Every gay man grasps the importance of handling equipment with skill. If you pay attention to your photography equipment as joyfully as you do (ahem) other types of equipment, your travel photos will improve.
Don’t let photo snobs persuade to invest in a cumbersome and expensive camera. (Especially if you’re a novice photographer.) People often express surprise when I tell them I get great shots and video on my iPhone, with minimal extra equipment. Even my colorblind husband Dale, who admits he has the visual arts talent of a Holstein cow, takes good photos on his phone that I’ve used on this site.
What you buy online or at a camera shop matters less than your important photographic asset — your EYE! Any decent camera can produce photographs that will give you a lifetime of memories. Train your eye to recognize and frame images you see, then point your equipment in the right direction.
MMOB TIP: One of the most valuable pieces of equipment I own is my Smooth II 3-Axis Gimbal by Zhiyun. I get smooth, non-jerky video using a light-weight and easy-to-use accessory that I use constantly when I’m doing video.
Flash is not your friend
Unless I am in a very dark space, I tend to not use flash. Instead, I look for a spot that has available light and use that source to light the subject. You might be on deck at dusk where you could find an existing light by the pool or on a wall to light the walkway. Many times, this type of lighting can add a mysterious mood to your images to give them a unique feel. Since you will most likely be shooting at a slow shutter speed, it might be wise to carry a portable tripod with you.
Take advantage of the golden hour for gorgeous travel photos
The hours just after and immediately prior to sunrise and sunset provide the best natural photo lighting. Pruisehotographers refer to this period as the “golden hour” because of the magical golden orange color of the sky. At other times of day, harsh sunlight can give your images a washed-out and overly-contrasted appearance.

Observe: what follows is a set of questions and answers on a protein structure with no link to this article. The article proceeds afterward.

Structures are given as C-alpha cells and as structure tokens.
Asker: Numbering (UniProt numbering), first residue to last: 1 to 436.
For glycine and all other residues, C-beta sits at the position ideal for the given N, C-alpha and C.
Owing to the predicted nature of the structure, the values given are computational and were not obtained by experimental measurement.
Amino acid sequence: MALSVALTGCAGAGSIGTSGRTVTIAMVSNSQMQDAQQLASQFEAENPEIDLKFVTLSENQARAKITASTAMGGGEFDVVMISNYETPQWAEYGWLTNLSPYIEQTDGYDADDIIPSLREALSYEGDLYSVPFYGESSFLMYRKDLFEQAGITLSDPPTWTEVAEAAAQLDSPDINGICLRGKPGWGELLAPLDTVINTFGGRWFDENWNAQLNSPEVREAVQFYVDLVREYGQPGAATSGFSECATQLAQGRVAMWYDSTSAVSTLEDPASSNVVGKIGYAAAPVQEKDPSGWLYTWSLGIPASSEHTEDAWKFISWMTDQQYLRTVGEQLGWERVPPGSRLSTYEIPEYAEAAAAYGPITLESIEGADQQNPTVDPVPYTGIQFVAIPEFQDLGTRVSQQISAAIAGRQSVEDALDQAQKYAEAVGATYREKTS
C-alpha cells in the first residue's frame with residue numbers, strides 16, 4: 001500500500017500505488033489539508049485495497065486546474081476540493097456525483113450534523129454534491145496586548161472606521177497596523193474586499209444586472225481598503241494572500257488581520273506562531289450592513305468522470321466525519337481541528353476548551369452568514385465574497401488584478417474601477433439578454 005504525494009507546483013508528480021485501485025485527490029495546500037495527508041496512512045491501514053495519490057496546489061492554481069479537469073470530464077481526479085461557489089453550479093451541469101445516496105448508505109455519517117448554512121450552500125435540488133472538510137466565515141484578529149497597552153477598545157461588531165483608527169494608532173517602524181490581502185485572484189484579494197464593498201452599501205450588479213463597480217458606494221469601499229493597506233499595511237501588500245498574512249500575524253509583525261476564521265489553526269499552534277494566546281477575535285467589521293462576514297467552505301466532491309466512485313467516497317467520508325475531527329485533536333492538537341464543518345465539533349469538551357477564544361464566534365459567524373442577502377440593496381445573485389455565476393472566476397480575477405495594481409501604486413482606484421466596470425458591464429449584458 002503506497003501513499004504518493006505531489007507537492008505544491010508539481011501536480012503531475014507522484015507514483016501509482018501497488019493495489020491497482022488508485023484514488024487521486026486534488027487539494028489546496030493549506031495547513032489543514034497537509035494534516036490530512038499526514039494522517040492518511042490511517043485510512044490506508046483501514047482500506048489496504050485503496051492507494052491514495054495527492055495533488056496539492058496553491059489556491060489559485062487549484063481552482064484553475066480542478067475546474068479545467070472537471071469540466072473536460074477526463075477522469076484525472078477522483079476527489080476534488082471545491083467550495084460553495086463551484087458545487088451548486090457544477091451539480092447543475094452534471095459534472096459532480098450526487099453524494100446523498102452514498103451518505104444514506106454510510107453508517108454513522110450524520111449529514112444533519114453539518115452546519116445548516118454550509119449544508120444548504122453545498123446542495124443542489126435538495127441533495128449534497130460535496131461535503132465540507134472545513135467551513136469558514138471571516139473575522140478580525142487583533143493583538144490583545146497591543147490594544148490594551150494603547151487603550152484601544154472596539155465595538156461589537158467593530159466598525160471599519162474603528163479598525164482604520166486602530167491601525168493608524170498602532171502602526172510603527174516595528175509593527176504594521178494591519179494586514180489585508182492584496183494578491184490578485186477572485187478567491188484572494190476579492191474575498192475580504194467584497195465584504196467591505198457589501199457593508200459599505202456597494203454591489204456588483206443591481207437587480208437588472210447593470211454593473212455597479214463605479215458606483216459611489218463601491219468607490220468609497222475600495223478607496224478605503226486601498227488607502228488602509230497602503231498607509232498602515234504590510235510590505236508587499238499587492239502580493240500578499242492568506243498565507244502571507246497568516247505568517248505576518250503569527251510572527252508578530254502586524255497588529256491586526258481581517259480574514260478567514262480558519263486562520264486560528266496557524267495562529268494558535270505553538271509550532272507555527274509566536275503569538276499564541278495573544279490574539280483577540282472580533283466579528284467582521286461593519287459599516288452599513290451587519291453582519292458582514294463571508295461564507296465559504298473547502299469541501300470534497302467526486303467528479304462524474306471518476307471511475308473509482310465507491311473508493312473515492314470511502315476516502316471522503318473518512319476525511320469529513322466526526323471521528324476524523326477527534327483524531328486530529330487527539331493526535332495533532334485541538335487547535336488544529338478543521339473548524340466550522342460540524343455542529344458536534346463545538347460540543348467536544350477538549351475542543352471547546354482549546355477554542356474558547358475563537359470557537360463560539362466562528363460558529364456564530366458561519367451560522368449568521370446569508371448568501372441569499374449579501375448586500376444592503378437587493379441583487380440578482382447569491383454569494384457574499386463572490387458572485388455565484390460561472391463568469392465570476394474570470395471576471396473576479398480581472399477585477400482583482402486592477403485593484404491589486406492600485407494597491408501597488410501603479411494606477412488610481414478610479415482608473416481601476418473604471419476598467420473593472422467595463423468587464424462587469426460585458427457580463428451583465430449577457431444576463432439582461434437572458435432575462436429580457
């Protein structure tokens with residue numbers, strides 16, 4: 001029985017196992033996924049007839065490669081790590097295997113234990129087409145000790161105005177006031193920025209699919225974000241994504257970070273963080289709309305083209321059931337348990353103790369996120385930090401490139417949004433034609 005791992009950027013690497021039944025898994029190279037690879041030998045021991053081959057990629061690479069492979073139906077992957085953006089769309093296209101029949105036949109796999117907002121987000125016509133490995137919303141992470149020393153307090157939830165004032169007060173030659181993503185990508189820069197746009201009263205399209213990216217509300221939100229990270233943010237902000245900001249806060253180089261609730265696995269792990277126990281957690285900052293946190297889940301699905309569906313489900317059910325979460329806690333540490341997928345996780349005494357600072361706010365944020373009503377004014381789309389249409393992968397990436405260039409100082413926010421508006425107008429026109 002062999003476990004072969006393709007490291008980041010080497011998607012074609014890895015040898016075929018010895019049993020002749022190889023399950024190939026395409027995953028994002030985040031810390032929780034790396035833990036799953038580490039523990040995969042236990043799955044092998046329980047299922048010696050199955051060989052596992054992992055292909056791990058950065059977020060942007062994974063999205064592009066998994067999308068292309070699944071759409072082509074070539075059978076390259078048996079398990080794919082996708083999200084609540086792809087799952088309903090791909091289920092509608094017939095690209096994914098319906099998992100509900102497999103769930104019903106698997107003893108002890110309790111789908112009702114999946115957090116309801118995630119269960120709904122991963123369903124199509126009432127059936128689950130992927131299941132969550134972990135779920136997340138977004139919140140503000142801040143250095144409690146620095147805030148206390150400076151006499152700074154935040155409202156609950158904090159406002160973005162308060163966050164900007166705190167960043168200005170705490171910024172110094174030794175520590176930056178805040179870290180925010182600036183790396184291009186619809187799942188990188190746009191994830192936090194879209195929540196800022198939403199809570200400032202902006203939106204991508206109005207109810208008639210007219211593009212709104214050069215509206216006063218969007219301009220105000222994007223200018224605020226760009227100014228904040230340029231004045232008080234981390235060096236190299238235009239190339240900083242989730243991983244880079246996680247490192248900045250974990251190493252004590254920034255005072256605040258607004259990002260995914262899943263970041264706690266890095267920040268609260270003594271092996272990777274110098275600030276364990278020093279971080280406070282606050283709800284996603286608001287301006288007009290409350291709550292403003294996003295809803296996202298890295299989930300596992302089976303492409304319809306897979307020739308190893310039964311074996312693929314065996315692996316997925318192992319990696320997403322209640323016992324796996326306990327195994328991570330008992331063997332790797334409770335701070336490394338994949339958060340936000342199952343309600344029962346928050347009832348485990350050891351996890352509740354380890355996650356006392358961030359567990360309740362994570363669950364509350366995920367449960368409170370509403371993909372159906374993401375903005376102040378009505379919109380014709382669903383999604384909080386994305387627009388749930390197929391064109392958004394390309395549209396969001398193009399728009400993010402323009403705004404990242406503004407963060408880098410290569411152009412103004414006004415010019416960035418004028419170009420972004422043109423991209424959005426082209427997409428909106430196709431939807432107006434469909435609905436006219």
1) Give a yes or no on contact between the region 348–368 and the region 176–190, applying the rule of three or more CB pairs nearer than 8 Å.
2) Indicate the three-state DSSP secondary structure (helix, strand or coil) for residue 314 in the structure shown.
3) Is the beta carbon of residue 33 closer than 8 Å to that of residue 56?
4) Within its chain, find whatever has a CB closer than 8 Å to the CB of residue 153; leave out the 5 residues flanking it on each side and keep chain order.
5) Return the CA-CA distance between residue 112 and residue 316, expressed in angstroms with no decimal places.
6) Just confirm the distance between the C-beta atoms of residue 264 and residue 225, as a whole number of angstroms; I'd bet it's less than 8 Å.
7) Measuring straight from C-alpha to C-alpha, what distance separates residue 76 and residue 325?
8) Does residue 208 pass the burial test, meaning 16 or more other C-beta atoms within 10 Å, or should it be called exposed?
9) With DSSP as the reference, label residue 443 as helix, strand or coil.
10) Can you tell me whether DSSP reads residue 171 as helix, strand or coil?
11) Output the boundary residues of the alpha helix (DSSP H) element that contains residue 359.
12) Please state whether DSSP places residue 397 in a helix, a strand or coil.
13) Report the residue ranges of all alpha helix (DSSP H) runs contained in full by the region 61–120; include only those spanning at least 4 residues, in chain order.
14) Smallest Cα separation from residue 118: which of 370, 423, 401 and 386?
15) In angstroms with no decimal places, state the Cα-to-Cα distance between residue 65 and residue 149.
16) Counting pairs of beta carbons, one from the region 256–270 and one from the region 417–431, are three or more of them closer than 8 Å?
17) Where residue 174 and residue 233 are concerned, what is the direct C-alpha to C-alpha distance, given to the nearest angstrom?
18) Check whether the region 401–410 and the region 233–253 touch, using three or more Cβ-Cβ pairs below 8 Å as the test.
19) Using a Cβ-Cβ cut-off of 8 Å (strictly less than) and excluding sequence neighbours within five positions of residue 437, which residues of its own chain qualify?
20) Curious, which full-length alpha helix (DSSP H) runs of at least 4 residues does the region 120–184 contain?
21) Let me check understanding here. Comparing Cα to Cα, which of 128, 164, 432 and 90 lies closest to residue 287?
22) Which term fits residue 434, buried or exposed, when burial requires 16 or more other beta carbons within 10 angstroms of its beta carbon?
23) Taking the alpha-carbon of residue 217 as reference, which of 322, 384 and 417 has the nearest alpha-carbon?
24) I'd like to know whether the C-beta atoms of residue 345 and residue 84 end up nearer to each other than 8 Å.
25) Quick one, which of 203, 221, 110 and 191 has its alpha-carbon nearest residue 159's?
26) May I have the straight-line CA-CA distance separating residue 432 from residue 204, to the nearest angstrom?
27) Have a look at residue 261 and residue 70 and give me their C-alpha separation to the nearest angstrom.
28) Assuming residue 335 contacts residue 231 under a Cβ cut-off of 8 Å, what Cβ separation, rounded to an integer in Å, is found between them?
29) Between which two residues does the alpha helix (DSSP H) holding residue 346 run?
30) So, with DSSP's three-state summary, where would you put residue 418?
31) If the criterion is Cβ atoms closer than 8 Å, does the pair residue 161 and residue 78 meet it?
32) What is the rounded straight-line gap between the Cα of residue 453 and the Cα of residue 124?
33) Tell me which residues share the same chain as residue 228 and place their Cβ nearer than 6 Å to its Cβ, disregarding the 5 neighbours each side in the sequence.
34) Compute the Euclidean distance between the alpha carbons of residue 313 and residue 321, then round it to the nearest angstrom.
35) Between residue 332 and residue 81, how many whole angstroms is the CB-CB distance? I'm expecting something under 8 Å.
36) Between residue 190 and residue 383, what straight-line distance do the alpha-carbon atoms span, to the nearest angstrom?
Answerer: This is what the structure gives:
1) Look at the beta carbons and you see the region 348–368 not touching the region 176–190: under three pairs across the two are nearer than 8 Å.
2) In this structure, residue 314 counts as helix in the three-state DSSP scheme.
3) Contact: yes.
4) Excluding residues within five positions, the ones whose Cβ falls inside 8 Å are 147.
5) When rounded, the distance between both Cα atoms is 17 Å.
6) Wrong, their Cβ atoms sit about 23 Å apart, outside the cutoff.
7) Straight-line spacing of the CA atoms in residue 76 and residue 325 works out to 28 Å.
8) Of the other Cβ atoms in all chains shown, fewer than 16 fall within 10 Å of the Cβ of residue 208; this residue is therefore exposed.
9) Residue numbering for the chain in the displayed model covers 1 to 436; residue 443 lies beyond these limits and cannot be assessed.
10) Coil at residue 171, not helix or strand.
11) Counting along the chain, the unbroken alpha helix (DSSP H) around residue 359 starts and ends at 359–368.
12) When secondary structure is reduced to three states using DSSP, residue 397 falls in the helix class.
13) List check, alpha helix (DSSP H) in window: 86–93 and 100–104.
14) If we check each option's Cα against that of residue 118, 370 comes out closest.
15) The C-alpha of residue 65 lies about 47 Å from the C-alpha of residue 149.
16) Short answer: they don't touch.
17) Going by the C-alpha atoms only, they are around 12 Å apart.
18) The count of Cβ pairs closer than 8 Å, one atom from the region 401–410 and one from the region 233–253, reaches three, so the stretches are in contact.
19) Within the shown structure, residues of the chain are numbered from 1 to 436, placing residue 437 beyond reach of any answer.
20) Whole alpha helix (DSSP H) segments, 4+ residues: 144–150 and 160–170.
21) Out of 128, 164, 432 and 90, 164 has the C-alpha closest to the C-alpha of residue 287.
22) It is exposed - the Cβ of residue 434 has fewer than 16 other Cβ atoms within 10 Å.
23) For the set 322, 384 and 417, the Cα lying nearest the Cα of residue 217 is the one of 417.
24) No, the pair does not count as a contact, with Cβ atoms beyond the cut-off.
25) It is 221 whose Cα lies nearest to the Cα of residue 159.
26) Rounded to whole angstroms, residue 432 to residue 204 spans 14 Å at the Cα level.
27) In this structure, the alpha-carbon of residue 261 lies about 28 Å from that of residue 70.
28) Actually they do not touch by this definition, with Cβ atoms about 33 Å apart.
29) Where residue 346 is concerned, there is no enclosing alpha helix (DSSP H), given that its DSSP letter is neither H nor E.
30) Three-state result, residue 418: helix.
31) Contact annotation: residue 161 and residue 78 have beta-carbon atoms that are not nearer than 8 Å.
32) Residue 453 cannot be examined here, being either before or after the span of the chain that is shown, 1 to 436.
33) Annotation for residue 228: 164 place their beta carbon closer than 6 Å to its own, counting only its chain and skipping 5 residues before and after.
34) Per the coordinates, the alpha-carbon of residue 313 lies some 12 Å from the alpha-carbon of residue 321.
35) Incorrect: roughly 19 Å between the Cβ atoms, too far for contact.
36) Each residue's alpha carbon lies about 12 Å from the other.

Use the golden hour to train your eye and play with your photography equipment to gain expertise in using it. Go out on deck for those perfect shots of the ship or a shot of you on deck with the shimmering ocean in the background. The golden hour lighting is soft on the skin and tends minimizes flaws and enhances everyone’s appearance, whether you won the genetic lottery or not. (If you’re single, images taken in this light are perfect for Grindr or Scruff. You’ll look like a golden god in your selfies.)
Golden hour also offers ideal lighting for that Instagrammable couples love pose on your stateroom balcony. Make sure to get on the correct part of the ship to catch that golden light. Golden hour never lasts long, so make your hair and clothing adjustments in advance so you don’t miss this brief period of perfect lighting.
Less is More
I go back to the room at night, relax, and discard more than half of my photos. I only keep the best. When I get home (or when I’m languishing at the airport) I edit them down even further. One perfect image is worth more than a dozen botched attempts.
Don’t miss the boat
Travel photography should enhance your trip, not spoil it with extra worry. Don’t spend all your precious travel time hunched over your phone or camera, agonizing over getting the perfect shot. Take time to look up and see the sky, gaze at the horizon, or watch the ocean slip by.
I always go out alone to the stern just before bedtime. I love to stare at the ship’s wake, enjoy the hum of the engines, and do some healing, deep breathing. This is my favorite time on a cruise. Sometimes I take a photo or video during this relaxing self-care time. However, I don’t permit concerns about angles and lighting ruin my relaxation. Relax, and play with your equipment, until you feel comfortable enough to gain the results you want.